By Mike Burnside
When you dream about a hunt for so long, you hope that your dream meets your expectations when it finally arrives. That was the case for a pronghorn antelope hunt that my brother and I took in north central Colorado. We had built up preference points for this particular unit and when the time was right, drew our tags for the unit.
With all of the typical excitement of the months of preparation for a hunt, I found myself ready for this hunt far in advance of the opening date, with gear placed in an extra room at my house in anticipation for weeks in advance. Driving from Oklahoma, I met up with my brother in Colorado Springs, where he lives, and we convoyed to our hunt area.
We arrived there the afternoon before the opening day of our hunt to check our rifles and set up camp. As typically happens, we had enough time to shoot the rifles before evening came, leaving the fast-approaching evening to find a spot to set up camp. A person at the range told us of a good antelope he had been seeing at a local lake on Bureau of Land Management (BLM) land so we figured that would be as good as any area to begin our hunt in the morning.
We arrived at the lake and set up the wall tent around 150 yards from the water’s edge and got camp in ship shape as darkness set in. As we enjoyed our supper, we were amazed at how good the trout fishing must be at the lake as vehicles kept piling into the area and set up their camps around the lake well into the night. As we had not had time to scout the area, we decided we would wake up without an alarm since we would look at the area after the sun rose.
Our plans were well intentioned to wake up without the use of an alarm; however, what we did not know was that those weren’t trout fishermen piling into the lake well into the night. The opening day of duck season coincided with the opening day of antelope season in our unit! As the first hints of light began, a barrage of shotguns firing filled the early morning; the firing was continuous and the sound was deafening. We laughed and decided that we would begin our hunt that day earlier than we planned.
As we drove away from our camp after daybreak, we were greeted by a nice antelope buck trotting along the BLM road. Our excitement could hardly be contained as we were already seeing decent bucks at our camp. As we had put in for preference points for this unit for many years based upon the quality of bucks that were in this unit, we had decided to allow four days of hunting so that we could look over many antelope and find the “right” one for each of us.
The morning drive was filled with seeing bucks everywhere we looked. The rutting season was going along at a fast pace and looked like it had aligned perfectly with the opening of antelope season. We stopped and glassed many bucks pawing and raking sagebrush within view of other bucks that were with an antelope doe; the bucks might stop and look at us as we stopped the pickup to glass them from a distance but couldn’t care less that we were even in their part of the country. By 11:00 a.m., we estimated that we had seen 25 different antelope bucks in our morning drive.
It was antelope buck number 26 that showed tremendous promise! We spotted him with a herd of twelve does at a distance of approximately 800 yards. After looking him over with a spotting scope I decided that this buck was my trophy; however, between he and I was relatively flat ground with some small washes and sagebrush that was going to make sneaking close enough for a shot a challenging task with he and all of his harem keeping a watch over the landscape. I bade my brother goodbye and set off for the hunt with my brother staying at the pickup to watch the hunt unfold.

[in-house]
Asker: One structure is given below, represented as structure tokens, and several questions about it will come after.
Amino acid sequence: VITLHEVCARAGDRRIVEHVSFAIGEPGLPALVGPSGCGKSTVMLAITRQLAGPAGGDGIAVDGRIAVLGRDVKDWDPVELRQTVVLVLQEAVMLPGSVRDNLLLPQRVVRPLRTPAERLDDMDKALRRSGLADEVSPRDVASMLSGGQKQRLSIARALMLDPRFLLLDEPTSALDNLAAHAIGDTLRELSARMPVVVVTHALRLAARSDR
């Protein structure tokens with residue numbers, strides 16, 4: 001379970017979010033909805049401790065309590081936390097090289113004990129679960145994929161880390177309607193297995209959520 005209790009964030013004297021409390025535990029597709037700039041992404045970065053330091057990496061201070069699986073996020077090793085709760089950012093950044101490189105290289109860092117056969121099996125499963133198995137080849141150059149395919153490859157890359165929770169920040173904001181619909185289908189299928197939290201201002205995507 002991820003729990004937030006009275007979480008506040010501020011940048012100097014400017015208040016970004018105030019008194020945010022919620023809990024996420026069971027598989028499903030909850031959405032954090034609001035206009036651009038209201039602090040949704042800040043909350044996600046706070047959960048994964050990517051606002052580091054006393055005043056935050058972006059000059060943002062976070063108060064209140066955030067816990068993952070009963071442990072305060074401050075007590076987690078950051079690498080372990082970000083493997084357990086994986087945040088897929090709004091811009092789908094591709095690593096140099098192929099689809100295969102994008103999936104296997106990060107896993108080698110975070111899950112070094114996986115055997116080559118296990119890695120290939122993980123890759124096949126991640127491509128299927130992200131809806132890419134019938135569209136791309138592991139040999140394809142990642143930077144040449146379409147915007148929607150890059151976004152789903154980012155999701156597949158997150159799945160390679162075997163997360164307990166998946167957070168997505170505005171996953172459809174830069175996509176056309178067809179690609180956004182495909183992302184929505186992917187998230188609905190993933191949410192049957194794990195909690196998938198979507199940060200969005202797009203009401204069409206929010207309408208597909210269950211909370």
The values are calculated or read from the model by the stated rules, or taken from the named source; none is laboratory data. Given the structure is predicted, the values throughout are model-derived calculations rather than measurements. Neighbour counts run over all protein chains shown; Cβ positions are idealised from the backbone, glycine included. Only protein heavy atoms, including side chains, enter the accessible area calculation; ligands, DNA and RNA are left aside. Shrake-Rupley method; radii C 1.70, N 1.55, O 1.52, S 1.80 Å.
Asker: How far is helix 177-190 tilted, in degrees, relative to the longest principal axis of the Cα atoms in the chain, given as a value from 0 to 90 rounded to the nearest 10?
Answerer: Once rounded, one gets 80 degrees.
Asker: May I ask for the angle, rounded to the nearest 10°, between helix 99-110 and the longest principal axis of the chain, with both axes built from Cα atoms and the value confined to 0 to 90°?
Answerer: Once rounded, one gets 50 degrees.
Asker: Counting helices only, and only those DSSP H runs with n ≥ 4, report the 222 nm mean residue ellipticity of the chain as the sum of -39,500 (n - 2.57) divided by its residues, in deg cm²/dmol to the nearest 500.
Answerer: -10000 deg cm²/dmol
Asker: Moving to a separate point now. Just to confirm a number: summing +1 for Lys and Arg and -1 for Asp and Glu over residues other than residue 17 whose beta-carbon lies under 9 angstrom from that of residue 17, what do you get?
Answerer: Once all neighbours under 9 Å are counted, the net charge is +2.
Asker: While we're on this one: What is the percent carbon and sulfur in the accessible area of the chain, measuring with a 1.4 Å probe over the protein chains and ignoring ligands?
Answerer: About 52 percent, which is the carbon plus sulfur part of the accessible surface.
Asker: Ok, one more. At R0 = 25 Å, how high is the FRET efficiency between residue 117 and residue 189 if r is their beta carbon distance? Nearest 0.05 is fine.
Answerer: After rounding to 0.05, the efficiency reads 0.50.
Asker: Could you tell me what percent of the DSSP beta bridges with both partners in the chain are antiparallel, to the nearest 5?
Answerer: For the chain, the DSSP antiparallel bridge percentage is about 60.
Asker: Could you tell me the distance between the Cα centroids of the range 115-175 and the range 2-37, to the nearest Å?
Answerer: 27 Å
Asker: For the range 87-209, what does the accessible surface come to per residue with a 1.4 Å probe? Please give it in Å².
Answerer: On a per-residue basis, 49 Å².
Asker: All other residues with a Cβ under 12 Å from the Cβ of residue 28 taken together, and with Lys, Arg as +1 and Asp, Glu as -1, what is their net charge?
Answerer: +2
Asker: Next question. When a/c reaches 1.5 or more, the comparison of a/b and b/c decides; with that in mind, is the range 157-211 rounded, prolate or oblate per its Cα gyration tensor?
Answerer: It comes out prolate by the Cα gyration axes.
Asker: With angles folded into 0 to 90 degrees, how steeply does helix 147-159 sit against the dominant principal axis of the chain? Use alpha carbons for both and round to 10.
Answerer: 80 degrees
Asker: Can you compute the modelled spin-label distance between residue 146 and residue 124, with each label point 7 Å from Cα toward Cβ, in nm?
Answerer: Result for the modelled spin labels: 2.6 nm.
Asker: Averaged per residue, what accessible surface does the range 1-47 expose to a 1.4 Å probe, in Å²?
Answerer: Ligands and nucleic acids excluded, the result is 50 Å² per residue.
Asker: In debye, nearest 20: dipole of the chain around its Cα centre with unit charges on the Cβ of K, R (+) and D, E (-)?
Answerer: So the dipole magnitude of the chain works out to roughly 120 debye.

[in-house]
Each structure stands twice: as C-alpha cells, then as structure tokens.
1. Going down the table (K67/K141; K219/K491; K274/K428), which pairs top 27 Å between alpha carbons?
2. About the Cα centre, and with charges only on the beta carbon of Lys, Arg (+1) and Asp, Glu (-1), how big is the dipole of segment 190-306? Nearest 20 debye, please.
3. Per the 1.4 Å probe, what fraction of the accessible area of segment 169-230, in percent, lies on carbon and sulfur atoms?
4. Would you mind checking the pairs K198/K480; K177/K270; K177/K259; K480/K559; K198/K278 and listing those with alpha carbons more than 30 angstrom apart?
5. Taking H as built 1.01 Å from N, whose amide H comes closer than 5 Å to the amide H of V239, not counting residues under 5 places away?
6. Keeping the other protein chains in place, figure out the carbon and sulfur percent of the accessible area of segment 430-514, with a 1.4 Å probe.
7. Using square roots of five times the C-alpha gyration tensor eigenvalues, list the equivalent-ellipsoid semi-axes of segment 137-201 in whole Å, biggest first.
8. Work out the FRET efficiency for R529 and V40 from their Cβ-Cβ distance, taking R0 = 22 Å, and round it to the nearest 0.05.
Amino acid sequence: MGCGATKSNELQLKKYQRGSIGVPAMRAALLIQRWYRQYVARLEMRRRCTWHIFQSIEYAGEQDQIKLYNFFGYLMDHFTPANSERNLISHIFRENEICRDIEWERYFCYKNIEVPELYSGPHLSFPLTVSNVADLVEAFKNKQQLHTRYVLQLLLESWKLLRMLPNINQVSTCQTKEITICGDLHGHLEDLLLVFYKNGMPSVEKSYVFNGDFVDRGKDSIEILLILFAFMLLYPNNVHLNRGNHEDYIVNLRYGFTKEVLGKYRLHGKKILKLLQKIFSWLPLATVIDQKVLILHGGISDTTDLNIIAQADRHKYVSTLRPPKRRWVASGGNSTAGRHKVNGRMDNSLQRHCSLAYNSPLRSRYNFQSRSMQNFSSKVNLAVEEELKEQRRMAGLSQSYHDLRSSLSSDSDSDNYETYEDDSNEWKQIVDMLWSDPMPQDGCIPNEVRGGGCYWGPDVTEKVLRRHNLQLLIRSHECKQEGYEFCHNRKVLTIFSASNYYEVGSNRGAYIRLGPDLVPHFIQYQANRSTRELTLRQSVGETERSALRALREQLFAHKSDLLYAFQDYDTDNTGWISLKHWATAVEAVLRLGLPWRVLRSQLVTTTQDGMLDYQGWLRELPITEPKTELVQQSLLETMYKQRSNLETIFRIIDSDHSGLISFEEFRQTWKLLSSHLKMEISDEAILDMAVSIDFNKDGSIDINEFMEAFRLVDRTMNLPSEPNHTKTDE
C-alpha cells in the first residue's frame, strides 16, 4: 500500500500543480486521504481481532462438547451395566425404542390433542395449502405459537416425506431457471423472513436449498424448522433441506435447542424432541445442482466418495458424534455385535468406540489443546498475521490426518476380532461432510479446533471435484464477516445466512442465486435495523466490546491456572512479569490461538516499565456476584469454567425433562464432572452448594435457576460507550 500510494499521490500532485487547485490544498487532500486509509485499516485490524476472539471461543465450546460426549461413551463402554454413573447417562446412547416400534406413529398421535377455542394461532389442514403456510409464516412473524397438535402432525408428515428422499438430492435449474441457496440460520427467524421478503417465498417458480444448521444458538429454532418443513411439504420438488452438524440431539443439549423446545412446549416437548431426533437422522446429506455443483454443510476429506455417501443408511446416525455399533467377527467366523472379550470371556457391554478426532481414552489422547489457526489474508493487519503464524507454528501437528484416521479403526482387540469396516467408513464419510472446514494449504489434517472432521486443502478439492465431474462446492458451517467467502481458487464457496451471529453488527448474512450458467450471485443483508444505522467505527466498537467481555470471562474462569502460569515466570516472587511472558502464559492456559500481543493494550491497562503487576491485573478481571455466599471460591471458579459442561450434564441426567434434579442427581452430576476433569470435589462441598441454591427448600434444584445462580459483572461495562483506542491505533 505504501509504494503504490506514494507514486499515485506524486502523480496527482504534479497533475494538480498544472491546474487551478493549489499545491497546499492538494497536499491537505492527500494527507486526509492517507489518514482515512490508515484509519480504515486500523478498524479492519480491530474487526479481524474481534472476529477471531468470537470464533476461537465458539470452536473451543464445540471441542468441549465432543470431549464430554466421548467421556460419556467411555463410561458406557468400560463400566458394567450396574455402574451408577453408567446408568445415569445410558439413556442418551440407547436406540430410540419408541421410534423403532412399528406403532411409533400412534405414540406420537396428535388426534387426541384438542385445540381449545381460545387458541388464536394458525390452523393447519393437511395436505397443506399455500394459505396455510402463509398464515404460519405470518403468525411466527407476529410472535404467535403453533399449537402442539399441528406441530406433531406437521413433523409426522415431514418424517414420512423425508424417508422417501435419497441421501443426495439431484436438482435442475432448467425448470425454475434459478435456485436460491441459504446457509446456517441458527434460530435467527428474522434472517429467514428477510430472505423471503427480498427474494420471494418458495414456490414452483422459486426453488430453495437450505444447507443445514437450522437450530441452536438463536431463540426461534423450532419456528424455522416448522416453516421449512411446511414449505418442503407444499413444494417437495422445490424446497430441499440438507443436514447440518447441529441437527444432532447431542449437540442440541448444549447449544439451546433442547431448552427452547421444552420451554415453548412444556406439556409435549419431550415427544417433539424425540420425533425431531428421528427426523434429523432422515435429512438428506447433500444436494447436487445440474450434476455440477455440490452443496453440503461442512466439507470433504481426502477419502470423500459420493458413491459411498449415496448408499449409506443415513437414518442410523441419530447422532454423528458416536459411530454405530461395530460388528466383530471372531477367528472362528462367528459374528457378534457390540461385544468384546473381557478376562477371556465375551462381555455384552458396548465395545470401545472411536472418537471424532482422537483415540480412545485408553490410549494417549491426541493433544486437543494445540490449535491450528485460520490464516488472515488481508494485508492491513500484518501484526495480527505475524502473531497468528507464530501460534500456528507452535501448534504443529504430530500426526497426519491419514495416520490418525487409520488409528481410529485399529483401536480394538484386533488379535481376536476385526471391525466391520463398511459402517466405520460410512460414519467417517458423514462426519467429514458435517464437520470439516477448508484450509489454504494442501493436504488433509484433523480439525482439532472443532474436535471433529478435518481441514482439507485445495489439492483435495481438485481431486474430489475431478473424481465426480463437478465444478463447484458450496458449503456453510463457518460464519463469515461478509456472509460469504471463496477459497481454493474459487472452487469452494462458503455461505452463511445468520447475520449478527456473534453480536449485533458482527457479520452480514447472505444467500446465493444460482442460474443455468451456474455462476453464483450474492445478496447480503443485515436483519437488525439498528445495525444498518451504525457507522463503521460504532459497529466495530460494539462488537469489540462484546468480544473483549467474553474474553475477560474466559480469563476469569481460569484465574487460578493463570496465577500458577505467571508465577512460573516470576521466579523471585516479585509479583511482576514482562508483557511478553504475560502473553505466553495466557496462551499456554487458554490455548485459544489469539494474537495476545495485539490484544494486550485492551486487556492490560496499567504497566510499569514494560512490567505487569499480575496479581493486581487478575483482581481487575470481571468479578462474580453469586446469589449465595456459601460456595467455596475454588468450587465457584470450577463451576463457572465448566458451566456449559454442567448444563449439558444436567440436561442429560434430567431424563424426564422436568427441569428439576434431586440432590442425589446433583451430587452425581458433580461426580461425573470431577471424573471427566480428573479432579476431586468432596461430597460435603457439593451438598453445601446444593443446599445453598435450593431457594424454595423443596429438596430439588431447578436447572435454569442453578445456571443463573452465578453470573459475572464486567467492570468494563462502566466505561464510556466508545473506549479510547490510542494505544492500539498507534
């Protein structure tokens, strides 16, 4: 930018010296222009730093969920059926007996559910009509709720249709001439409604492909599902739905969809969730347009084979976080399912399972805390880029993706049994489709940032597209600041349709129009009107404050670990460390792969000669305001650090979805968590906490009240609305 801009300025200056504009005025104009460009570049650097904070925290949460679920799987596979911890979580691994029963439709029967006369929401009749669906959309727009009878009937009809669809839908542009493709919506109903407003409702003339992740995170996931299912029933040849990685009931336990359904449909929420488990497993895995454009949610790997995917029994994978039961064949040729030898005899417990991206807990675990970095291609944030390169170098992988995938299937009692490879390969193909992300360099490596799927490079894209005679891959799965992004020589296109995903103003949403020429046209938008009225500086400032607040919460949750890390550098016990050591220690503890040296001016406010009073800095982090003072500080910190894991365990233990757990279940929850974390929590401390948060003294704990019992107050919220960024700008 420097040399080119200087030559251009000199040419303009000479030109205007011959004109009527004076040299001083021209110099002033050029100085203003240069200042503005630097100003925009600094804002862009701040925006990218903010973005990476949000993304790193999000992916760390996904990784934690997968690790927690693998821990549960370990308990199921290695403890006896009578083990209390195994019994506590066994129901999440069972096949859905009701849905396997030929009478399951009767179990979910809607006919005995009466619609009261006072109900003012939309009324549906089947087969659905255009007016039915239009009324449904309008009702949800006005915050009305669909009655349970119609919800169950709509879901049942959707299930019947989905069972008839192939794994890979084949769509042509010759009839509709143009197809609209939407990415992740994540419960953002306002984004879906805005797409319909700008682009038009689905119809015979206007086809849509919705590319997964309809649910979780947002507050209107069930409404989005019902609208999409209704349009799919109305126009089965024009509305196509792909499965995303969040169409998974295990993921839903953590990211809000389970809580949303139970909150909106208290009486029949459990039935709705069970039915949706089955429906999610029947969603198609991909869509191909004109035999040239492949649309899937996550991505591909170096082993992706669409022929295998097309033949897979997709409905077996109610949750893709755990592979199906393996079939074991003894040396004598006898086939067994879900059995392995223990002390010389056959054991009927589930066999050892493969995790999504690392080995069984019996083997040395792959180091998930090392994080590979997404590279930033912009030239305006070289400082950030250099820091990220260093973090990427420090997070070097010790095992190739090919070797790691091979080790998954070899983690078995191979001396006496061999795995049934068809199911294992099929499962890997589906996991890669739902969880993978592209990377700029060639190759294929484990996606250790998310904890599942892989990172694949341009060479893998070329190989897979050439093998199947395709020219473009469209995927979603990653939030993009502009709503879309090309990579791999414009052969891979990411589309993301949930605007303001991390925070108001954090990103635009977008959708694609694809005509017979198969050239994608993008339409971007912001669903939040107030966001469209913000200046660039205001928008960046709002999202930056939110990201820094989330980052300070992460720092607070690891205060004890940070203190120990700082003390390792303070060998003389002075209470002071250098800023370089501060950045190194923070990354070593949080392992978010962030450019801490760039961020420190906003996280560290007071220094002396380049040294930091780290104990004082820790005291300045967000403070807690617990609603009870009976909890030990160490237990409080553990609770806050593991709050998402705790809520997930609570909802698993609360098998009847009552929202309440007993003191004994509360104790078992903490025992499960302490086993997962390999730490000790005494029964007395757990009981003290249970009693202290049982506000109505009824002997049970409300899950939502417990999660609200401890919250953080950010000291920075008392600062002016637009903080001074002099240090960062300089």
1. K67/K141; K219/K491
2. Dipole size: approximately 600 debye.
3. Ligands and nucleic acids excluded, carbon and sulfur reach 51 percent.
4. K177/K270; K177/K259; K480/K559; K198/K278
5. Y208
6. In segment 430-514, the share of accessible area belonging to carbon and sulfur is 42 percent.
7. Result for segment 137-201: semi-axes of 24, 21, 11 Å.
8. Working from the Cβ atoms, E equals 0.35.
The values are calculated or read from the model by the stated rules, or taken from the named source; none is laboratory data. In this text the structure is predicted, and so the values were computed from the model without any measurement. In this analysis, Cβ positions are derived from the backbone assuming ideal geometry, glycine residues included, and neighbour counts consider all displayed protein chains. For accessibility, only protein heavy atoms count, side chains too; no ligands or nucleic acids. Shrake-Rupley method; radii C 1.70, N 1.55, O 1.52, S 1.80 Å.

I got into a ditch and duck-walked or crawled on my belly for the next 2 hours and 15 minutes. I crawled by many areas where the antelope had been that morning judging by the faintly wet areas where they had urinated. Periodically I would get to a location to check on their location and my progress. Two different times I was able to watch the buck spot an intruder buck coming towards the harem and he would take off after him in a cloud of dust. As fast as he was gone, he appeared again in another cloud of dust to check that another intruder was not getting close to his harem. It was a fun sight to see but this meant that the group continued to move back and forth into different locations and I would have to continually adjust my plans as to where I was going to try to intercept them.
As I finally reached a point where the group of does were approximately 250 yards away, the buck trotted into view at about 200 yards away and began pawing the dirt and raking sagebrush. I knew he must have spotted an intruder in the distance and was pre-occupied with him. This was the distraction that finally allowed me to have a clear shot. I was shooting a Savage rifle chambered in .257 Roberts; at the shot, he showed no signs of a hit. I fired again and he began running to my left behind a small hill. I was astonished that I had missed at that distance and began the walk over to where he had been. I found blood and knew the shot was true so I began tracking him across the sagebrush. He jumped up out of the sagebrush 150 yards away as I closed in and a final shot finished the hunt. I had hit him with both shots but he did not show signs of a hit with the first shot; being rut crazed had kept him from realizing that he had been hit!
Planning on a four-day hunt and finishing up in a half day was not what I had planned; but I also hadn’t planned to get to see so many quality bucks and see a good representation of the quality for the area. And I also hadn’t planned to have to belly crawl for a couple of hours to get to him; but sometimes those sorts of things are what makes the best sort of memories!